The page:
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Anthurium roseospadix Croat, sp. nov.

TYPE: Panama. Panama: Cerro Jefe, al summit, ca. 1,000 m, 15.4 mi. from Pan-American Hwy., 9°12'N, 79°22'W, Croat 49091 (MO 2737325, holotype; CAS, DUKE, F, K, M, NY, PMA, US, VEN, isotypes; Live at MO).

Planta epiphytica aut interdum terrestris; caudex us-que 70 cm longus; persistens intactum, ultimo decidu-um; petiolus subteres, 12-37 cm longus, anguste com-planatus adaxiale; lamina modice coriacea, ovata ad ovato-triangulata, basi leviter aut profunde cordala, 12-28 cm longa, 9-22 cm lata; inflorescentia erecta; pedunculus teres, 7.5-18 cm longus; spatha subcori-acea, viridulo-alba interdum tincta rosea, ovato-elliptica ad oblongo-elliptica, 6-13 cm longa, 1.7-3 cm lata; spadix violaceo purpureus, 4-7 cm longus; baccae obovoido-ellipsoideae, basi albidae, apice brunneolae.

Epiphyte or less frequently terrestrial, rooted in deep debris, to 125 cm tall; stem moderately elongate, sometimes to 70 cm long, 1-2 cm diam.; internodes short near apex, sometimes more elongate in lower portion; leaf scars usually obscured by cataphylls, to 1 cm wide; roots moderately few, greenish, scattered along stem, ca. 4 mm diam.; cataphylls green, coriaceous, weakly cuspidate at apex, drying brown, persisting intact, ultimately deciduous.

LEAVES spreading; petioles subterete, 12-37 cm long, 4-5 mm diam., narrowly flattened adaxially; geniculum 1.5-2 cm long, shaped like petiole or obscurely sulcate; blades moderately thick, ovate to ovate-triangular, abruptly acuminate at apex, shallowly or prominently lobed at base, 12-28 cm long, 9-22 cm wide, broadest at point of petiole attachment; anterior lobe 10.5-21 cm long, the margins straight to convex; posterior lobes 1.5-6.5 cm long; sinus arcuate to parabolic, rounded at apex; both surfaces semiglossy to glossy; midrib raised above, acutely raised below; basal veins 3-6 pairs, the first and sometimes the second free to the base, those remaining coalesced 0.5-1 cm, raised above and below; posterior rib absent or more or less straight, naked, weakly turned up along outer margin; primary lateral veins 48 per side, relatively inconspicuous, weakly sunken, straight or weakly arching near collective vein; lesser veins obscure, more conspicuous on drying; collective vein arising from second or third basal vein, loop-connecting the primary lateral veins, 2-8 mm from margin.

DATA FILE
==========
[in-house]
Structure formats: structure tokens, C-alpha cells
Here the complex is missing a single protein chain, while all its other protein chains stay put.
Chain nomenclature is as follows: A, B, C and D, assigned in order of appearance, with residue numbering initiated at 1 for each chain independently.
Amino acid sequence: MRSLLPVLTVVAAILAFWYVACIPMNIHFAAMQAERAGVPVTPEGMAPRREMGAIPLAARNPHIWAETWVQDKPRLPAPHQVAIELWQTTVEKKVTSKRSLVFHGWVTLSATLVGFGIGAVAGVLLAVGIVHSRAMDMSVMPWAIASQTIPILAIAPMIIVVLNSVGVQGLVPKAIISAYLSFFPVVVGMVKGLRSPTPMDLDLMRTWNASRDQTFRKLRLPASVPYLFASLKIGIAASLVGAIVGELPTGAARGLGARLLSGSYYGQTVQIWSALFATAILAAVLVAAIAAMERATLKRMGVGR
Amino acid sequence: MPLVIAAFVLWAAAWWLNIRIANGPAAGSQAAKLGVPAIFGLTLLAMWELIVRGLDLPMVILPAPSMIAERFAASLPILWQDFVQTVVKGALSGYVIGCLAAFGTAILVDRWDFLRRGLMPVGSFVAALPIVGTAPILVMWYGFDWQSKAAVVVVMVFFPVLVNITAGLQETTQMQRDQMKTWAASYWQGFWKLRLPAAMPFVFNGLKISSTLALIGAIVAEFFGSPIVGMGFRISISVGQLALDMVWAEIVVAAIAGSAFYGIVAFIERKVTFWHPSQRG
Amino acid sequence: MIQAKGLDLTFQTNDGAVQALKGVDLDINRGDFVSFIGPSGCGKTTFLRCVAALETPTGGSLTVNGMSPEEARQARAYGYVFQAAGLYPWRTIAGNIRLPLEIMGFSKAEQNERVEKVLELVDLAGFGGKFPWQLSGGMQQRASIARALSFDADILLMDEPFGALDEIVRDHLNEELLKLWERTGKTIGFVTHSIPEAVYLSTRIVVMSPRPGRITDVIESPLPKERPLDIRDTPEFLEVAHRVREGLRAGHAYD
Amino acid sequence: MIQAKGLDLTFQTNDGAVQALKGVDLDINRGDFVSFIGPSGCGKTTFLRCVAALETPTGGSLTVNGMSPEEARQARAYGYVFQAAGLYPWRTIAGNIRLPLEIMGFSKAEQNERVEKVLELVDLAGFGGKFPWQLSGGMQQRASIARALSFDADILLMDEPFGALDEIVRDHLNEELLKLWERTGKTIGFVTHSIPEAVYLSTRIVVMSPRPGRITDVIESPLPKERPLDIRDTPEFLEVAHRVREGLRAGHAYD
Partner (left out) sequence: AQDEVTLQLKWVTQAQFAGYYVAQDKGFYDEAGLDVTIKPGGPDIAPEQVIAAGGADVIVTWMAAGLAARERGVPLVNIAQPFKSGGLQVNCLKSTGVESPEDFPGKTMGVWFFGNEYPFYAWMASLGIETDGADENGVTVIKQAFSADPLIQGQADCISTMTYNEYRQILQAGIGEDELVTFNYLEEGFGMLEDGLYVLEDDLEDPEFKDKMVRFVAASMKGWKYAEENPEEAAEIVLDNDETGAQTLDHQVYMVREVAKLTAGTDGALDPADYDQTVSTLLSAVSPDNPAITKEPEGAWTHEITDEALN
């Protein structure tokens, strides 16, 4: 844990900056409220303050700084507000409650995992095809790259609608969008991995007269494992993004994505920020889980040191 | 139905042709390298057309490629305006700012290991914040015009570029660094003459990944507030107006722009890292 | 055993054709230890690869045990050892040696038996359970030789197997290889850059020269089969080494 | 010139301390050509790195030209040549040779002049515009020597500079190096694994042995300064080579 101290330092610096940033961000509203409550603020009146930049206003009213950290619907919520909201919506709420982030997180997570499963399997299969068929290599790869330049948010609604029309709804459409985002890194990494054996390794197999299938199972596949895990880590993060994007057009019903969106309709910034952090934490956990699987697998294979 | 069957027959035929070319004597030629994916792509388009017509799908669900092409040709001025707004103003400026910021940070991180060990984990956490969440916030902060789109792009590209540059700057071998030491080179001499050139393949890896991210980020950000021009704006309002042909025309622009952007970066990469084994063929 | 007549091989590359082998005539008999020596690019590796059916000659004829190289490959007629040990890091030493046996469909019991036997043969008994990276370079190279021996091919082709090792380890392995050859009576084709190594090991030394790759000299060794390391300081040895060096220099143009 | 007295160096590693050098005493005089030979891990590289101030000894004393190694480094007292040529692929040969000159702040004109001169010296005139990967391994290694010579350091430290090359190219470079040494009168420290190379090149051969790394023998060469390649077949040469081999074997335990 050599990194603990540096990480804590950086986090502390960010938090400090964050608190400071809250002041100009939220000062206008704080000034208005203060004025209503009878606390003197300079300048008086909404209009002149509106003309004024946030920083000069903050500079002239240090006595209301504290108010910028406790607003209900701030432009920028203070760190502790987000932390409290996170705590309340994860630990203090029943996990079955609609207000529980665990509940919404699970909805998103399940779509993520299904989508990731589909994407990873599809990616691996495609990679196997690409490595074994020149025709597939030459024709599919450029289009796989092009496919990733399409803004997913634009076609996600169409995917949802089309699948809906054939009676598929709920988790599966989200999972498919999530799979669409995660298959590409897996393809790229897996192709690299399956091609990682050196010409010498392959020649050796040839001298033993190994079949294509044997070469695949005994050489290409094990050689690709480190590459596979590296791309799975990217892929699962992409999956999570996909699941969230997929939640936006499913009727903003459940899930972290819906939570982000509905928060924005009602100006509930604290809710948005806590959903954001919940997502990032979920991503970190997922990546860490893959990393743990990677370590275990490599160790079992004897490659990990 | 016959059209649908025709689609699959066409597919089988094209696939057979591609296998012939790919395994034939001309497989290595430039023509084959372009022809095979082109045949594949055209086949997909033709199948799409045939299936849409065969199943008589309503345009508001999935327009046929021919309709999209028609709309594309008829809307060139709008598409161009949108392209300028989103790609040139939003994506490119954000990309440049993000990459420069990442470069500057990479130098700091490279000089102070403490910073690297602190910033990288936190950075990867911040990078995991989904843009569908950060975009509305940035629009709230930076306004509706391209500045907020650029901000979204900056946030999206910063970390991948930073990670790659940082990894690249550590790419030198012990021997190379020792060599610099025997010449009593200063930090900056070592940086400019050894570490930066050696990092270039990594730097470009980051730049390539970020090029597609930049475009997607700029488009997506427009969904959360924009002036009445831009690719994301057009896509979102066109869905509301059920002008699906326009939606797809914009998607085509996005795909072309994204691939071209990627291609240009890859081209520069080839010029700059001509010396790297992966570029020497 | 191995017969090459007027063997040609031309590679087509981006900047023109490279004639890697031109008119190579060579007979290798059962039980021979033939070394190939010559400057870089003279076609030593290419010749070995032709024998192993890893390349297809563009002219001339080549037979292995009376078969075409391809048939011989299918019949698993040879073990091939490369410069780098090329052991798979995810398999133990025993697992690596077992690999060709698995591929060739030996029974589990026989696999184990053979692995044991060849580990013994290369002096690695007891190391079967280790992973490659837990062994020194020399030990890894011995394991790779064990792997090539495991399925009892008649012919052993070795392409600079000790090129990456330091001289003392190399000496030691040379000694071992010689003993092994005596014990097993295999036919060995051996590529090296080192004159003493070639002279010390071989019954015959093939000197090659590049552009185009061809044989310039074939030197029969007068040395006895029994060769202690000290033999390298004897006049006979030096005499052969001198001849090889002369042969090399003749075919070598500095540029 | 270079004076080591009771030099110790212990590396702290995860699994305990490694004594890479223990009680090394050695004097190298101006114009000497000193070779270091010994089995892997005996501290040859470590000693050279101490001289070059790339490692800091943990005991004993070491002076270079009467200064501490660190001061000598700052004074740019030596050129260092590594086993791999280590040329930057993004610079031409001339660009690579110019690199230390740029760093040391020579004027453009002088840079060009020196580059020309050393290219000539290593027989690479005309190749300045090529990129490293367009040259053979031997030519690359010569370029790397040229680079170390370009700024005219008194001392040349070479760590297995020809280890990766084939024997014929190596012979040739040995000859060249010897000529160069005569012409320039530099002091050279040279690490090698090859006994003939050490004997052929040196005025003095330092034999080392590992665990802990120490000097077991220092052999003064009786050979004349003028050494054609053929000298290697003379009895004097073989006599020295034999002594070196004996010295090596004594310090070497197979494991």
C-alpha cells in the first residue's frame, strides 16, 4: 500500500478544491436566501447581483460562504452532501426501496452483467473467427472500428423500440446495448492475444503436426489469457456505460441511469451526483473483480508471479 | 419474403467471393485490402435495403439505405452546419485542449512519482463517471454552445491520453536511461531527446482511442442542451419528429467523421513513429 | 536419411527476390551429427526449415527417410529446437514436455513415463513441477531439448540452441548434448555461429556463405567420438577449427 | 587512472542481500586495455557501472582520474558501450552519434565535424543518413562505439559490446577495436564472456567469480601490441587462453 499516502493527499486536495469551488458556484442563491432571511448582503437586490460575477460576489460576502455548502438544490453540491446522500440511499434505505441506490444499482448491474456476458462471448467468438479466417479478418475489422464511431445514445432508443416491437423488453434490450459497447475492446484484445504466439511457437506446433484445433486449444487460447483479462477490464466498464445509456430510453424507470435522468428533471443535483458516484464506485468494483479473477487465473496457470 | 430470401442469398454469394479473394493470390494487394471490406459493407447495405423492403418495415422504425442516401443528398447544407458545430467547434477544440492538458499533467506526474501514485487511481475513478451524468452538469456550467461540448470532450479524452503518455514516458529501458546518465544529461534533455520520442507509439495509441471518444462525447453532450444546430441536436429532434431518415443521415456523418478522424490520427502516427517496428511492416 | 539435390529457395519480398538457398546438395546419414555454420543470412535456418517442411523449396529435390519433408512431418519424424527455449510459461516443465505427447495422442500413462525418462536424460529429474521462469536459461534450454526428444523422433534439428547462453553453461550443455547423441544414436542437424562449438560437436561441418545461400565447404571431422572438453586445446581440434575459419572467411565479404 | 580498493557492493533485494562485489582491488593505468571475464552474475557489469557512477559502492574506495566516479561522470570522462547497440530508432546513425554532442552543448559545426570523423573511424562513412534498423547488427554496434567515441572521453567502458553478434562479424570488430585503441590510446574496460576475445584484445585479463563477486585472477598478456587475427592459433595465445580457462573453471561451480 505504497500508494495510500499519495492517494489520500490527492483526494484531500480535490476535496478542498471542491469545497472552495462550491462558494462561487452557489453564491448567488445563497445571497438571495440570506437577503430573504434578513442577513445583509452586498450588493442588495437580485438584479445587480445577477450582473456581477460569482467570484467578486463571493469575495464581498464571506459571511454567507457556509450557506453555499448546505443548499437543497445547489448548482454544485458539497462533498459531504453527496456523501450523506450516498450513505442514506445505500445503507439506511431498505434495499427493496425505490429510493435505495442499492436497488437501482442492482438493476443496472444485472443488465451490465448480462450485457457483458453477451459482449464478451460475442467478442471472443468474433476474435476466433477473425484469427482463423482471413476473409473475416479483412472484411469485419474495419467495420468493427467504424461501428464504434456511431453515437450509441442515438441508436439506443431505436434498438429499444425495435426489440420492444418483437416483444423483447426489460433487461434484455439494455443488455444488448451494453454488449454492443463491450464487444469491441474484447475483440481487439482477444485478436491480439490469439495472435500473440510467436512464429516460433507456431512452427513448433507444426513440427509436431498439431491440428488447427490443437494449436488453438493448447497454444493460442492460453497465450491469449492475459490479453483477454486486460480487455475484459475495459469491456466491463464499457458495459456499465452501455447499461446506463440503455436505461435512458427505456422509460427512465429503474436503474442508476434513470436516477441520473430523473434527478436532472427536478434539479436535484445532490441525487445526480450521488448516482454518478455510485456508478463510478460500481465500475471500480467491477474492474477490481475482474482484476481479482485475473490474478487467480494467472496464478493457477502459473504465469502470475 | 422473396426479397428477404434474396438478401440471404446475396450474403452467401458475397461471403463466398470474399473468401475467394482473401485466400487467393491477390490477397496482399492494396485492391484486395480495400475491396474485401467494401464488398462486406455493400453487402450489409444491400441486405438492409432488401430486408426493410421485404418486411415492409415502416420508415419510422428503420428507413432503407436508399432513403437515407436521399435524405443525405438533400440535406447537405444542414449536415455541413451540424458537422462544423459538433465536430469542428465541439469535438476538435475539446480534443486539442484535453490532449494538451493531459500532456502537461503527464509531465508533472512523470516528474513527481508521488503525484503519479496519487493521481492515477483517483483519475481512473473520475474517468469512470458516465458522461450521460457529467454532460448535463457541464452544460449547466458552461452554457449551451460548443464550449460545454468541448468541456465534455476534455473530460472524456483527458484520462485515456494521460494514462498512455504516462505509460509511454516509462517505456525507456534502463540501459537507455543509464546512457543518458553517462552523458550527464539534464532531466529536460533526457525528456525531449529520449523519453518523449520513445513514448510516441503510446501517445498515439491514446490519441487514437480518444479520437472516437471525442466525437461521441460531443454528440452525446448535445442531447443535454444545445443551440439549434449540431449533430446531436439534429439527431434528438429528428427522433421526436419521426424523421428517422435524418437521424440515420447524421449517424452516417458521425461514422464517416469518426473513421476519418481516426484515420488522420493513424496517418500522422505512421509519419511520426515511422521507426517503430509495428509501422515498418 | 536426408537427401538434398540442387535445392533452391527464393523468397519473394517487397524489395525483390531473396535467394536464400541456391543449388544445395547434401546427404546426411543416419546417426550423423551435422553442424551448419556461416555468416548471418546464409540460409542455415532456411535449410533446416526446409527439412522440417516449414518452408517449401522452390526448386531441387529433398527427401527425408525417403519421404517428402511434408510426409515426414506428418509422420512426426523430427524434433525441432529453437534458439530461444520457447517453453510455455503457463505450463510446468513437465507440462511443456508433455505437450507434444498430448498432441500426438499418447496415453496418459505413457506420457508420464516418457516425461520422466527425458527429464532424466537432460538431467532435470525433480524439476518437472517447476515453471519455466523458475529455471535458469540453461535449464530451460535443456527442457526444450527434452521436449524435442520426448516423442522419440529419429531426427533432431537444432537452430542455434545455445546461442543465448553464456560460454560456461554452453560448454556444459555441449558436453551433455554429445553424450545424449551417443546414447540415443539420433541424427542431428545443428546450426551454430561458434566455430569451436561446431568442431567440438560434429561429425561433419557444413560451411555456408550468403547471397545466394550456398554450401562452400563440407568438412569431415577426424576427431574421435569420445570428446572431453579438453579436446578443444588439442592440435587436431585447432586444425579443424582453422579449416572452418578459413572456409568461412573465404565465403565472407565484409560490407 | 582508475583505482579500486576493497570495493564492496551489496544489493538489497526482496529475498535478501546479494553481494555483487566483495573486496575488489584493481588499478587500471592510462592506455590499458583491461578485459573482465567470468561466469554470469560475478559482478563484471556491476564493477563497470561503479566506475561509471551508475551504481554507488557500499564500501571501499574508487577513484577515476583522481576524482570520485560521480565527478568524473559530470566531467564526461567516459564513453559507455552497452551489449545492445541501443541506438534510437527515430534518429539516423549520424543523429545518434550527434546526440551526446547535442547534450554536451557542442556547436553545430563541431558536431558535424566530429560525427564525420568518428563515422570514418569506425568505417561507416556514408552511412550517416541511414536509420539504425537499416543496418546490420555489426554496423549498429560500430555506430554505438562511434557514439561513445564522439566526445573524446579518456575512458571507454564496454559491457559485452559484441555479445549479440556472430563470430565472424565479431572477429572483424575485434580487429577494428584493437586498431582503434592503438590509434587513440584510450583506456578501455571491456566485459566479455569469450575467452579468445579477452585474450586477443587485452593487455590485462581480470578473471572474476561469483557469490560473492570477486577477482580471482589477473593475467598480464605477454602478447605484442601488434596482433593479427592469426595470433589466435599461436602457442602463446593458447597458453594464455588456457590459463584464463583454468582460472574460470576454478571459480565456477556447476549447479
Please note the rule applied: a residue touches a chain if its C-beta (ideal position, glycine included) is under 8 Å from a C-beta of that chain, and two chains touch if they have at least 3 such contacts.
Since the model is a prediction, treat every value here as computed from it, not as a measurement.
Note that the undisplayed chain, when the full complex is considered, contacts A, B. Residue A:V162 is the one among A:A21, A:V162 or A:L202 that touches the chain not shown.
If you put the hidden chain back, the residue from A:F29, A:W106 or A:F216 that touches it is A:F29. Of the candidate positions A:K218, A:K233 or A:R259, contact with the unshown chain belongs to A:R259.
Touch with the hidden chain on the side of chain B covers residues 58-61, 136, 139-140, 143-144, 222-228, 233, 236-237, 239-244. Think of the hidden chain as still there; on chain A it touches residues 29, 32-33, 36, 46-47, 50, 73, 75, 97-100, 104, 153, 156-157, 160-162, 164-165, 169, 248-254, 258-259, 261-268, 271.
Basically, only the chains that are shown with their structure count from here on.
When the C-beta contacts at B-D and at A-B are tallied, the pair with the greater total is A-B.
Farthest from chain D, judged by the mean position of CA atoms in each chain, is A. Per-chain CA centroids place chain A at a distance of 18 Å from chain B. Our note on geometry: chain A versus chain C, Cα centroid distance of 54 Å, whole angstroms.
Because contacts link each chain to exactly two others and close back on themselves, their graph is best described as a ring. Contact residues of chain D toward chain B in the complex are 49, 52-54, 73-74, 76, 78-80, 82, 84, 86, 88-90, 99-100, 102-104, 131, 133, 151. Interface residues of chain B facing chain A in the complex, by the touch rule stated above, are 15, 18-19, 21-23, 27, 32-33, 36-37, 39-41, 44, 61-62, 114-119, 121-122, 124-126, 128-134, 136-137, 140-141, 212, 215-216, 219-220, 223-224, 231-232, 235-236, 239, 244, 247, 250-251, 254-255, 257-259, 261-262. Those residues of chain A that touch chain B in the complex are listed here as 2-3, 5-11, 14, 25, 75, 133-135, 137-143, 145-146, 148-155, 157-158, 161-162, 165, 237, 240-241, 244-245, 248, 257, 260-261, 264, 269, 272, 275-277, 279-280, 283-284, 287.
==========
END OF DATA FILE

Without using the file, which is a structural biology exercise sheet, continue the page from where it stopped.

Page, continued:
INFLORESCENCE erect; peduncle terete, 7.5-18 cm long, 4-5 mm diam., ca. one-half as long as petioles; spathe subcoriaceous, greenish white sometimes tinged pinkish (B & K Yellow-green 9/10), ovate elliptic to oblong-elliptic, 6-13 cm long, 1.7-3 cm wide. broadest at the base, acuminate at apex, truncate to rounded at base; spadix violet purple (B & K Purple 3/10-4/5), scarcely tapered at apex, 4-7 cm long, 6-9 mm diam. at base, 3-6 mm diam. near apex; flowers rhombic to 4-lobed, 2-2.4 mm long, 2-3 mm wide, the sides jaggedly sigmoid, 6-7 flowers visible in the principal spiral, 5-8 flowers visible in the alternate spiral; tepals glossy, lateral tepals 1-1.2 mm wide, the inner margins concave, more or less angular; pistils flat to weakly mounded, white, glossy; stigmas linear, ca. 0.3 mm long, dry when stamens emerge; stamens emerging rapidly beginning at the base, anthers not exposed, pollen exuding from between pistil and tepals, held above and obscuring pistil; pollen white.